Sanctuary Cities: Commonwealth v. Lunn

| March 12, 2018 | 0 Comments

Boston’s unofficial status as a “sanctuary city” is reinforced to a certain extent by state law. The Trust Act in 2014 tackled civil immigration detainers on the local (city) level in 2014. In July of 2017, the Massachusetts Supreme Judicial Court decisively ruled on the same issue; civil immigration detainers can no longer be carried out by Massachusetts officials at all. The case was Commonwealth v. Lunn.

I described exactly what a civil immigration detainer is in the Trust Act article, but it’s worth a brief overview. A civil immigration detainer is filed by a federal immigration officer when they want a state or local official to “hold” – effectively, arrest – an individual suspected of being undocumented. This holding can last up to 48 hours: 48 hours in which a person is held in custody with no criminal charge active, pending, or expected.  As you may remember from Arizona v. United States: “as a general rule, it is not a crime for a removable alien to remain present in the United States.” These civil immigration detainers do not, in any way, constitute a criminal charge.

It seems a little strange to be marking this difference so intensely, because the actual processes seem so similar. Whichever piece of paper is filed, an arrest warrant or a civil immigration detainer, someone still ends up in a jail. That ended up being exactly the issue in Commonwealth v. Lunn – that the detainer really does constitute an arrest, and that the reasons for such an arrest are not justified.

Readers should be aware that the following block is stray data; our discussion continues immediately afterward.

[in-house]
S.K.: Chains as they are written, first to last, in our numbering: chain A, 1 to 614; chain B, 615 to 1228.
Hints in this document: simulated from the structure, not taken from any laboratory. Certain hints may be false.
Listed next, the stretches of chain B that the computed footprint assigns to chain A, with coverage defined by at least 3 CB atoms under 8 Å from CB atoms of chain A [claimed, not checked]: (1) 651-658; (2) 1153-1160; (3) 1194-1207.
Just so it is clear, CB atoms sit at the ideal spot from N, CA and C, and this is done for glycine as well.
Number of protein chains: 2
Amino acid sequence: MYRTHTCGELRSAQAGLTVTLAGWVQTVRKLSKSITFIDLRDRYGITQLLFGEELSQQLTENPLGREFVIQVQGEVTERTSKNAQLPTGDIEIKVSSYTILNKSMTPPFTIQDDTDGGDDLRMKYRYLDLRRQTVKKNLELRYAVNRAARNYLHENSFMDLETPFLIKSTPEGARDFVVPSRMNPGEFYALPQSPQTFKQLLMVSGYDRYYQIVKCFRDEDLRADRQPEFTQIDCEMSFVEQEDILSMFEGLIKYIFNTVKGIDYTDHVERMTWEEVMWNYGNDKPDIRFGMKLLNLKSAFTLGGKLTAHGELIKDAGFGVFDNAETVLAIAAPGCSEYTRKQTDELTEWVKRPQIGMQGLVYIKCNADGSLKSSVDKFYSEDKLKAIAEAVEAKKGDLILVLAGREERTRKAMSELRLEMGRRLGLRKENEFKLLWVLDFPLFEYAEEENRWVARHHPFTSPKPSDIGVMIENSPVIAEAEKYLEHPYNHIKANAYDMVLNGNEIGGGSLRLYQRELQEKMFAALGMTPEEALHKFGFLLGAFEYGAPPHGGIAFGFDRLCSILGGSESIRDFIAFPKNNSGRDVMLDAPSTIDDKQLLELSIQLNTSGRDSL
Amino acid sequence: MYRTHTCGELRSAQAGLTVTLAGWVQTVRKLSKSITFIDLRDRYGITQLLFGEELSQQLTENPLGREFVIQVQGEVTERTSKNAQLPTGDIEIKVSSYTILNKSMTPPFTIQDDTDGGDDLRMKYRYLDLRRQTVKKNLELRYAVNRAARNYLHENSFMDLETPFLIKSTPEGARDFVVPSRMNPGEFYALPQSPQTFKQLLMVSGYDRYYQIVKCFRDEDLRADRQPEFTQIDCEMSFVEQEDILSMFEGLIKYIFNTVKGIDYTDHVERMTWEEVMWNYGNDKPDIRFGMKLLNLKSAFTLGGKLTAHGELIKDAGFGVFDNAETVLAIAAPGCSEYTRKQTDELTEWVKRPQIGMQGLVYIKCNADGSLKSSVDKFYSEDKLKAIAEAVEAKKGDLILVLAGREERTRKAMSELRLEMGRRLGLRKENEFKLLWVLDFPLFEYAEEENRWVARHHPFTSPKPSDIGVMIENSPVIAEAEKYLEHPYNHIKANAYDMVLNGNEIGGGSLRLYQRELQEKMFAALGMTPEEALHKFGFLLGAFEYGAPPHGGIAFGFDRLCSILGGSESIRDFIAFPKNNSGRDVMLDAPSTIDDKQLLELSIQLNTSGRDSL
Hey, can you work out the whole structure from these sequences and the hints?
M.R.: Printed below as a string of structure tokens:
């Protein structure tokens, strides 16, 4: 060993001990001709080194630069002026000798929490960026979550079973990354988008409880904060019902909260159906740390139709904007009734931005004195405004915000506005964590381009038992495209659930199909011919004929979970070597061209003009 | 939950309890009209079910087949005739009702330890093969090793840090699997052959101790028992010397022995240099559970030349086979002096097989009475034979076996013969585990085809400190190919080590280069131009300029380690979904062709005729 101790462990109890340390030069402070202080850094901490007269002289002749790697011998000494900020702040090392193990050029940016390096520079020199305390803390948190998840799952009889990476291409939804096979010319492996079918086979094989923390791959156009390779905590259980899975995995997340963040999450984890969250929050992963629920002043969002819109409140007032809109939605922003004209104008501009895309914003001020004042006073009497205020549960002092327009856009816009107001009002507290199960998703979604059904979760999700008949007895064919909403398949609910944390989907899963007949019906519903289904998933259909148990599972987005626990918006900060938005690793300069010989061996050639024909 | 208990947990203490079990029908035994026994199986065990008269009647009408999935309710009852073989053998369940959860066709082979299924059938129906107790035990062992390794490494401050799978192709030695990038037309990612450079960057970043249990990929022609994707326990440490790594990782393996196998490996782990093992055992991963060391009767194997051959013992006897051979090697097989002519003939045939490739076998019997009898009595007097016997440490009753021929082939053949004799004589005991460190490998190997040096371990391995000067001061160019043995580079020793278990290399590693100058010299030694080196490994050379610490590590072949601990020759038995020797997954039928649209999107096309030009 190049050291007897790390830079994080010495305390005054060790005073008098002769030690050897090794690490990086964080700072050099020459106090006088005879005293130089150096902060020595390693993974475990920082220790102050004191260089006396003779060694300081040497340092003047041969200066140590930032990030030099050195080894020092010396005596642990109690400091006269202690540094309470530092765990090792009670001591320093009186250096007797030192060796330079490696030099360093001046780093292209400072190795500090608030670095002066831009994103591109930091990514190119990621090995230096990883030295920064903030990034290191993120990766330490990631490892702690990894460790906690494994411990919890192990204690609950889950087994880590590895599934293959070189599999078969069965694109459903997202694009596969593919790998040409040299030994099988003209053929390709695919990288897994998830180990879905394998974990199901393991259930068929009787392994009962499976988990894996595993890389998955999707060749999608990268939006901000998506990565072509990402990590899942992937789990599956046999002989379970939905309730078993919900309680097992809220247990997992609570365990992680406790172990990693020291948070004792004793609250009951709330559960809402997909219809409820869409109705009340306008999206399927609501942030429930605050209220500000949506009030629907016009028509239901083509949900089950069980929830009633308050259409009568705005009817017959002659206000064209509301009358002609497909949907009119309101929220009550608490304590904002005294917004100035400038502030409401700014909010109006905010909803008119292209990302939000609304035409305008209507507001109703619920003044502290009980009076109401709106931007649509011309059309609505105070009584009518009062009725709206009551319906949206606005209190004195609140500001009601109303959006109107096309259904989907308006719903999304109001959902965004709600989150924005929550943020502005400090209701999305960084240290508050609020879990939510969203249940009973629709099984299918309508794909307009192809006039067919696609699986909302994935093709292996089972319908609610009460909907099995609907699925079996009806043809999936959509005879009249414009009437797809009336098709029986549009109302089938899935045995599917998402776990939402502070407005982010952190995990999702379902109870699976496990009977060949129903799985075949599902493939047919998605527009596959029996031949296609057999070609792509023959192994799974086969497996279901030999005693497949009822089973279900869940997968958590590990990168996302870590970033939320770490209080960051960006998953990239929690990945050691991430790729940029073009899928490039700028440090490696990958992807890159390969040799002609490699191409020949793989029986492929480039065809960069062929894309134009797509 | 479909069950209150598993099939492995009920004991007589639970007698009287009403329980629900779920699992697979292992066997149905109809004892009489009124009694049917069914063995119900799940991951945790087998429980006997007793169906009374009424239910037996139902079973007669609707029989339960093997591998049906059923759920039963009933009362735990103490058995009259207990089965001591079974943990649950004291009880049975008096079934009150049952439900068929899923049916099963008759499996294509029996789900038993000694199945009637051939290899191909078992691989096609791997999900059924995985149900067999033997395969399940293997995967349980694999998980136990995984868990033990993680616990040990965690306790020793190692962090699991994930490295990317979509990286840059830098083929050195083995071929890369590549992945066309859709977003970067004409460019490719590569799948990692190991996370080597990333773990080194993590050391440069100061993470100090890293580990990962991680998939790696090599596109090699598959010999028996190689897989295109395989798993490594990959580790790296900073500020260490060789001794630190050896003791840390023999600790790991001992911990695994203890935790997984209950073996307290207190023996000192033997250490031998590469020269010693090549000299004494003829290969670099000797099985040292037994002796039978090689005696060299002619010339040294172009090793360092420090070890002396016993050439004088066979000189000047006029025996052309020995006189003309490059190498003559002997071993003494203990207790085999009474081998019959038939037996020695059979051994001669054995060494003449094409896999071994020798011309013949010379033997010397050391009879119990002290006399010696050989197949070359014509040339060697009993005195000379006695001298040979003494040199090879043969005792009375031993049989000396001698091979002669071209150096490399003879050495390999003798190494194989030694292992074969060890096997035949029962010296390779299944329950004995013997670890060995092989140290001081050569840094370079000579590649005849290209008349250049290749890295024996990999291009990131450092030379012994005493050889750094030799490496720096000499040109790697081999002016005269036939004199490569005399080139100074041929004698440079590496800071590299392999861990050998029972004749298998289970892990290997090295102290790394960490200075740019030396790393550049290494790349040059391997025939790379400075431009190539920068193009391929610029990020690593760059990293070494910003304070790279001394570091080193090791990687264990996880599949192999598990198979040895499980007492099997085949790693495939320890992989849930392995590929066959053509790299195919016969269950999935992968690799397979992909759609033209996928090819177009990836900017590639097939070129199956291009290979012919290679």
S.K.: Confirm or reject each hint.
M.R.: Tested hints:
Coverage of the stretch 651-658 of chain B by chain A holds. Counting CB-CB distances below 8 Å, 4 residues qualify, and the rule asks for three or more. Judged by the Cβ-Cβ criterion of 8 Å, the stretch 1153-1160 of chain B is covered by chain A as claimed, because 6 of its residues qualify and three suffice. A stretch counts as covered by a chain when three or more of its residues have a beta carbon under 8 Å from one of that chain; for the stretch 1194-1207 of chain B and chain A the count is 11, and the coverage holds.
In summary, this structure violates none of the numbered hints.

The background of the case

A man named Sreynuon Lunn was arrested and detained for a single criminal charge (unarmed robbery). A federal immigration officer issued a civil immigration detainer asking that Lunn be held until his immigration status could be properly confirmed. Lunn’s case was dismissed the following day, but he was still held in a cell at the Boston Municipal Court because of the detainer. Lunn’s lawyer filed a petition for his release the next day, and it worked its way up to the Massachusetts Supreme Judicial court.

The ruling itself

There are some very interesting parts of this ruling that depend on the particulars of Lunn’s case. However, the state-wide implications of the Lunn v. Commonwealth ruling depend on more general principles. I’m going to exclude some of the more case-specific arguments and focus more on the big stuff.

The flow of logic that really informed the court decision was as follows: (a) civil immigration detention constitutes an arrest under Massachusetts law. However, (b) immigration issues are not criminal and don’t require an arrest. Also, (c) immigration issues are federal, and Mass state officials can’t act as federal officers unless very specific protocol is followed.

(a)  The court is confident about the effective equivalence of civil immigration detention and regular arrests. “It is undisputed,” the ruling contends, that “holding someone…against his or her will constitutes an arrest under Massachusetts law”. This is a pretty simple ruling. It equates the real-world consequences of a criminal arrest to civil detention, both of which are 48 hours of holding against one’s will.

(b)  The court decided that civil detention is an unacceptable reason to hold someone in custody. The court admits certain instances where people are held technically without a charge – again, check out that excellent A&E TV show 48 Hours – but a critical part of that is the investigatory nature of the holding. Police officers must defend the necessity of criminal detention by actively investigating a crime that they believe an individual is involved in. In civil immigration detainer cases, “the custodian has no investigatory purpose”. There is, by definition, no crime to investigate.